If you’re cycling with the kids, here’s how to stay safe

Schools, malls, theaters and recreation centers are all closed for the time being, but there still is plenty of fun to be had for the entire family on local bike trails.

“Nature is open, meaning while things are closed it’s important – within CDC guidelines – to spend time outdoors for your mind, body and well-being,” said Randy Ryberg, Five Rivers MetroParks outdoor recreation coordinator.

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And with more than 340 miles of paved, multi-use recreational trails, there are plenty of options for riding around the Miami Valley.

“Start out slow and plan to make lots of stops, Ryberg said. “Unless your kids are experienced riders, don’t try to get your workout ride while you’re taking your kids for a ride. Plan separate time for your exercise ride.”

While cycling lends itself well to social distancing, it’s important to follow CDC guidelines, especially when encountering cyclists from outside your immediate family unit.

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Safety first

According to Safe Kids Worldwide, a nonprofit organization designed to help families and communities keep kids safe from injuries, properly fitted helmets can reduce the risk of head injuries by at least 45 percent – yet fewer than half of children 14 and under usually wear a bike helmet.

“Helmets are a must and are required by law depending on where you live,” Ryberg said. “Though not required for adults, wearing a helmet can help encourage your children to wear theirs.”

Ryberg, admittedly, has been called out by his own soon-to-be 4-year-old sons when he climbs onto his bike without a helmet.

Establishing the helmet habit early is helpful, but there are other ways to encourage it. Dayton Children’s suggests letting children pick out their own helmet, rewarding them for wearing it and talking to them about why they want to protect their head and why it’s important.

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Get started

With empty parking lots and reduced traffic, now might just be the ideal time to learn to ride.

“Riding a bicycle is an activity that can last a lifetime, so start kids young,” Ryberg said. “Starting out, find a spot to ride that doesn’t have a lot of distractions and provides plenty of space.”

A quiet road with a little bit of a hill is ideal, but any obstacle-free area with smooth pavement is a good option.

“Though it may seem intimidating for new riders, stick to smooth pavement or asphalt,” Ryberg said. “Bike tires do not roll well on grass or other soft surfaces. And, gravel can be tricky to navigate.”

Regardless of where the lessons take place, the key element, according to Ryberg, remains the same, “most importantly – be patient.”

Don’t have a bike? Not a problem, as bike shops have been designated as “essential services” under the state order so many, but not all, are open. Check with your local bike shop for hours of operation.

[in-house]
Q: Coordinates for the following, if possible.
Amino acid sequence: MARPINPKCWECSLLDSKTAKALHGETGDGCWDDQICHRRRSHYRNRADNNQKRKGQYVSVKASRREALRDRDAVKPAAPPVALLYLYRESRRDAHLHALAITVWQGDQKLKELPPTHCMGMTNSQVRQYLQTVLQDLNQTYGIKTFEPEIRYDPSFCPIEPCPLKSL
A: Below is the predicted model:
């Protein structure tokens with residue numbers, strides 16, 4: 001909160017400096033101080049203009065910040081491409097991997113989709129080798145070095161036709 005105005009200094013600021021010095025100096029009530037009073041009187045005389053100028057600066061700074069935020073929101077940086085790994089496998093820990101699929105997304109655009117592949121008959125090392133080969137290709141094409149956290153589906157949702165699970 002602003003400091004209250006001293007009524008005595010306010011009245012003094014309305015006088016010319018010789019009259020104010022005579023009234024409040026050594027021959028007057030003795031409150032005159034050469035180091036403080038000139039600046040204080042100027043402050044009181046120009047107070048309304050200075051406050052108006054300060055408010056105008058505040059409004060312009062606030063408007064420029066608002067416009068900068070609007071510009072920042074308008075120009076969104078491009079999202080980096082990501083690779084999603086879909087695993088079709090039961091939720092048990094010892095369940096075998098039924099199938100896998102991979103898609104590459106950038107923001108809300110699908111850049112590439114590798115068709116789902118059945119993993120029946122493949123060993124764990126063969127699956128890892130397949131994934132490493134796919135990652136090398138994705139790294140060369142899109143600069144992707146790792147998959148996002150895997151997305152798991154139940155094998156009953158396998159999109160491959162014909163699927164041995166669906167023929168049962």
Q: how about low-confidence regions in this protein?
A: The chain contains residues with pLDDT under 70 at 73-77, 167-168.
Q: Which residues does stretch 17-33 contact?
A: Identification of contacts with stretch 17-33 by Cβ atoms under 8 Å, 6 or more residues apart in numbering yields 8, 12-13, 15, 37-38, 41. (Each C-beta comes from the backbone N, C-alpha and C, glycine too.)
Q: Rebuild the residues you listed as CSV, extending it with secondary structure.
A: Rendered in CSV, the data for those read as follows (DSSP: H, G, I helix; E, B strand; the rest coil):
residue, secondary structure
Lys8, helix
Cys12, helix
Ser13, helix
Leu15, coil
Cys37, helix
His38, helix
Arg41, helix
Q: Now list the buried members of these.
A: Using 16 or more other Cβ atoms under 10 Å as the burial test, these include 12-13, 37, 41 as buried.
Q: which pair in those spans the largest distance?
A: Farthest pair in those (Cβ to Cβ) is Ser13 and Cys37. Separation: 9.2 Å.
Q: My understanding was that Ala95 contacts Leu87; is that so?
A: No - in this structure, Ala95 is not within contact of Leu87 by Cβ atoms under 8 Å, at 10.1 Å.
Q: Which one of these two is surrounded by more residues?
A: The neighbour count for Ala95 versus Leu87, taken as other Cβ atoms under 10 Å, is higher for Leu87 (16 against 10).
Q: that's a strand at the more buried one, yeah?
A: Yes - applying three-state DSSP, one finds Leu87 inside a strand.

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Have fun

For young riders with a bit more experience and confidence, the trails are ideal. Many of the local bike trails are wider, allowing plenty of room for riders who might be challenged to maintain a straight line.

“Pick a fun destination or incorporate other experiences,” Ryberg said. “Keep in mind the social-distancing order, but riding to a hiking trail or taking a break from riding to walk can help extend your riding experience.”

It’s not about distance — it’s about creating a fun family experience.

“Start out slow, aim for shorter rides to start and don’t worry about mileage,” he said. “A 10- to 20-minute ride can raise your spirits.”

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Wear a properly fitted helmet. It is the best way to prevent head injuries and death.

Ride on the sidewalk when you can. If not, ride in the same direction as traffic as far on the right-hand side as possible.

Use hand signals and follow the rules of the road. Be predictable by making sure you ride in a straight line and don't swerve between cars.

Wear bright colors and use lights, especially when riding at night and in the morning. Reflectors on your clothes and bike will help you be seen.

Ride with your children. Stick together until you are comfortable that your kids are ready to ride on their own.


Eyes: Put the helmet on your head. Look up. You should see the bottom rim of the helmet.

Ears: Make sure the straps form a 'V' under your ears when buckled. The straps should be tight but comfortable.

Mouth: Open your mouth as wide as you can. Does the helmet hug your head? If not, tighten the straps.

Source: Dayton Children’s and Safe Kids Greater Dayton


1. Establish the helmet habit early when your child gets his or her first bike.

2. Let them pick the helmet out.

3. Wear one yourself.

4. Encourage their friends to wear helmets.

5. Talk to them about why you want them to protect their heads.

6. Give your child a short course in bike safety.

7. Point out when watching sports events how many professional athletes use helmets.

8. Reward your kids for wearing helmets.

9. Don’t let them ride their bikes unless they wear their helmets.

10. Plan bicycle outing together when all family members wear their helmets.

Source: Dayton Children’s and Safe Kids Greater Dayton

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